Start quilting in the middle of your quilt, and work outwards. This helps to keep the material from bunching up. It will still happen – just not as much. Puckers are part of the process – and they will become nearly invisible after you wash the quilt.

Don’t do like I did and sew all around the edge after you’ve turned it – and then start quilting.  The thing will pucker and shift in unhappy ways.  Start in the middle and quilt moving out to the edges.  Then, if you want, you can sew all around the edges. 

Making the edges curved looks nicer than square.  You can’t see it on the top photo because it is a quilt top. I’m talking about when you sew the quilt sandwich together. Curve the edges as you sew and see what you think. To me, it makes the quilt look more friendly.

There are things I do to make the process easier.  They aren’t exactly short-cuts, but they are efficient. Maybe even lazy.

I don’t iron. Somehow the idea of pulling out the iron and the ironing board makes me want to not even start. So I don’t.  You can finger-press the seams to make them lay flat if you like.

Buy cotton fabric.  Don’t use polyester or other synthetic fabrics. Cotton just works better. Better materials make better finished pieces.

It is totally OK to cut up old clothing or bedding if you need fabric and don’t have a lot of money.  Also, you can often find material in thrift and secondhand stores.  You also might have an art material thrift shop in your town – ask around. Where I live, there are two!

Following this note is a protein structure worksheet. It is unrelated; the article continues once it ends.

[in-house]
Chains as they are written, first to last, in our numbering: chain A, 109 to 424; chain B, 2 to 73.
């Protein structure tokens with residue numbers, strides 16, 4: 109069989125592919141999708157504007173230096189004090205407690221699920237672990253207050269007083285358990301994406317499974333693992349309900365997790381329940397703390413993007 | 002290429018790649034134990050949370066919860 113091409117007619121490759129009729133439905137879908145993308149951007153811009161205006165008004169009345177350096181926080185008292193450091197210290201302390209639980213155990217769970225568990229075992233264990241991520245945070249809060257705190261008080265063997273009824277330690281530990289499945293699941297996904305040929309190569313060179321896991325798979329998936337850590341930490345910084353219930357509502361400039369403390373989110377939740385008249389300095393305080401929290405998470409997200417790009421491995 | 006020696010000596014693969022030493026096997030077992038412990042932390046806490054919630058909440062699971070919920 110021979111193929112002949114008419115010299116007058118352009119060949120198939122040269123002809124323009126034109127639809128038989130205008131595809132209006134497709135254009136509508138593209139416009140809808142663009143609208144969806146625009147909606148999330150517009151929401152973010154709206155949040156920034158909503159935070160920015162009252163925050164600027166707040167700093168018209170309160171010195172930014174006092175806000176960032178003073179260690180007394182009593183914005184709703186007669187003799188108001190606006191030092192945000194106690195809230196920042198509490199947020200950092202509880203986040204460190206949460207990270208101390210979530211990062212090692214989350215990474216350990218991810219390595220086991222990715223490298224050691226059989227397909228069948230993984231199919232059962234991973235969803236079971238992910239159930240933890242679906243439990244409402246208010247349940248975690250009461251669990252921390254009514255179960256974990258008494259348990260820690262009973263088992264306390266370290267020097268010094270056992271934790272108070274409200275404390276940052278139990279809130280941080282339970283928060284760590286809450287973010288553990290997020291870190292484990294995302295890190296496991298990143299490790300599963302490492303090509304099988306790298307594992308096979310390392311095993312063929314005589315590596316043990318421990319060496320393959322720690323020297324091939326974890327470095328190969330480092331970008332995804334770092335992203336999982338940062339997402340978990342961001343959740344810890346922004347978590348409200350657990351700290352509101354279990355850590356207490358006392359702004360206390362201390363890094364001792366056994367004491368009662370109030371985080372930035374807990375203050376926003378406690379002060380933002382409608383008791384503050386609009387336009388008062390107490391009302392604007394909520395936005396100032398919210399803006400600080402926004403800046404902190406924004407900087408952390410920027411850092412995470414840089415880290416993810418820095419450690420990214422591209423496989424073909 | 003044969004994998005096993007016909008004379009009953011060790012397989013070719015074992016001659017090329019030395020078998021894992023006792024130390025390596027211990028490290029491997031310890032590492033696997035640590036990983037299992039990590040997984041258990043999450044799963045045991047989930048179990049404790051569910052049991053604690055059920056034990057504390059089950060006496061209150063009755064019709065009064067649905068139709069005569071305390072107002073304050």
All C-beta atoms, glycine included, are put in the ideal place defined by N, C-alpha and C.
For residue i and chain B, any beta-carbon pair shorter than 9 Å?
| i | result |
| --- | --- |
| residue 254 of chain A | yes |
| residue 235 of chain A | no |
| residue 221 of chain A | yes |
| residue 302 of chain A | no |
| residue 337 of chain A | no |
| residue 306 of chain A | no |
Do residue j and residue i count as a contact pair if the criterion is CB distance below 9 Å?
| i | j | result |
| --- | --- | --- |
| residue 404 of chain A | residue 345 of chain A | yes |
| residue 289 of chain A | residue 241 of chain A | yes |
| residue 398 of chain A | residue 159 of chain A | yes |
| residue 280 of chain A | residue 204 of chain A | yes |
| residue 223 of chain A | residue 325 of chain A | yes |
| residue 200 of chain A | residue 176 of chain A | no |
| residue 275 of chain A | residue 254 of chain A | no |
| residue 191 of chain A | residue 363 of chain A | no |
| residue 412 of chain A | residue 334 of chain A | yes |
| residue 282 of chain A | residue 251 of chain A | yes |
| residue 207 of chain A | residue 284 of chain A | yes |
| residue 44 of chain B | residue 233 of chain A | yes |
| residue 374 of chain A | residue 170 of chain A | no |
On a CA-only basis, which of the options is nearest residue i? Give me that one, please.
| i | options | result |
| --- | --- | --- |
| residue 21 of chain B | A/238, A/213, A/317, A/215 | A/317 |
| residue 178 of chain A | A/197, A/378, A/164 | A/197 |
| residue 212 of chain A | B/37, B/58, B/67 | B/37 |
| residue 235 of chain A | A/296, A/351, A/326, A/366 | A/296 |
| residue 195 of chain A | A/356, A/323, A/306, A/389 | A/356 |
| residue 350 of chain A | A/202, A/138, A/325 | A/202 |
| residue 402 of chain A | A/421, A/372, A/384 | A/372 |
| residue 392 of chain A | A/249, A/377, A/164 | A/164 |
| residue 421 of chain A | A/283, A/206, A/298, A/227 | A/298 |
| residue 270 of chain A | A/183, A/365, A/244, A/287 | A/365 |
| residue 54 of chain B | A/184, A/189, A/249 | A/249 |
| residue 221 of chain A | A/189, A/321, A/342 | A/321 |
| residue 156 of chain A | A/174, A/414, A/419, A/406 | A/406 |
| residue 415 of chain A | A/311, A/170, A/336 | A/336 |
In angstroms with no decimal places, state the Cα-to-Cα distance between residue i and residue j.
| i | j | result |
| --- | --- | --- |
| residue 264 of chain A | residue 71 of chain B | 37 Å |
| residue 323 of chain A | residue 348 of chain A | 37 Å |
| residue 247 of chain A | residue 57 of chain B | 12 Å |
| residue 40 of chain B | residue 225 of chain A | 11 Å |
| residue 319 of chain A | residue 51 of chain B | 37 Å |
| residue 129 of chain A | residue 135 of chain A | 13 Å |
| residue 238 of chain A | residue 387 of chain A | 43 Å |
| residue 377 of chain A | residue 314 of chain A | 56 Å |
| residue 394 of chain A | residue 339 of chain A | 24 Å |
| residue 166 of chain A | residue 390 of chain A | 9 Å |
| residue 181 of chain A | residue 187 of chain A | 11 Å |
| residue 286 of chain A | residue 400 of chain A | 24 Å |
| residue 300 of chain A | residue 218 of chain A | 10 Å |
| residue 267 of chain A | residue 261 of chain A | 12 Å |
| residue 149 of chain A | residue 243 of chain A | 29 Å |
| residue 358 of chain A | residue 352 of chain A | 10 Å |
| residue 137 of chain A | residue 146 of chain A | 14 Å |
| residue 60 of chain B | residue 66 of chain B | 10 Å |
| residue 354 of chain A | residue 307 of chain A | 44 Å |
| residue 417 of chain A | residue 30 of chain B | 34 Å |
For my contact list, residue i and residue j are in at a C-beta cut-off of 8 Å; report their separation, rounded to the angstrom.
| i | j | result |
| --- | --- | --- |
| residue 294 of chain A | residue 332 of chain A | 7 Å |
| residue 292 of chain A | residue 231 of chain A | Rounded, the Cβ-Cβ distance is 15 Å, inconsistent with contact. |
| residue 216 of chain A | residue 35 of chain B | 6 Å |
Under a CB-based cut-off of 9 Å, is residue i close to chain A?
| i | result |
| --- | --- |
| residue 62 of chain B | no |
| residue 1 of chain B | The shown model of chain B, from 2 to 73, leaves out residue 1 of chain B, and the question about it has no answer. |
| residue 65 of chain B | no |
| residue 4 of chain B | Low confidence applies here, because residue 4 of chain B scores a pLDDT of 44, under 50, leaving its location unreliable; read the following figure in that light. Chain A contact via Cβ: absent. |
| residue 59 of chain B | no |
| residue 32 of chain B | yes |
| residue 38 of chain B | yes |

If you are buying fabric that you need to cut, look into getting a rotary cutter. They are a little tricky to learn how to use to start with, but worth it. You’ll need a mat to cut on and a ruler. For quilting, there are special see-through rulers that make it easier. 

Don’t buy really expensive fabric for your first quilt. You won’t want to use it. Get something that you like, but don’t love. That way you won’t be sad when it turns out differently than you imagined. This is a new skill for you, and has a learning curve. Be patient and set yourself up for success by choosing forgiving fabric.

Don’t prewash the fabric. Prewashing would make a big mess of precuts, and it makes the fabric wrinkle.  It is easier if you aren’t going to iron to skip this part. When you finish your quilt, then wash it and all the fabric will pucker in a nice way that makes the quilt look better.

I don’t pin my fabrics together. I just can’t be bothered. I hold them together and work slowly and carefully as I sew. The time spent pinning is spent sewing instead. And this also means that I skip having to pick all the pins out and forgetting several.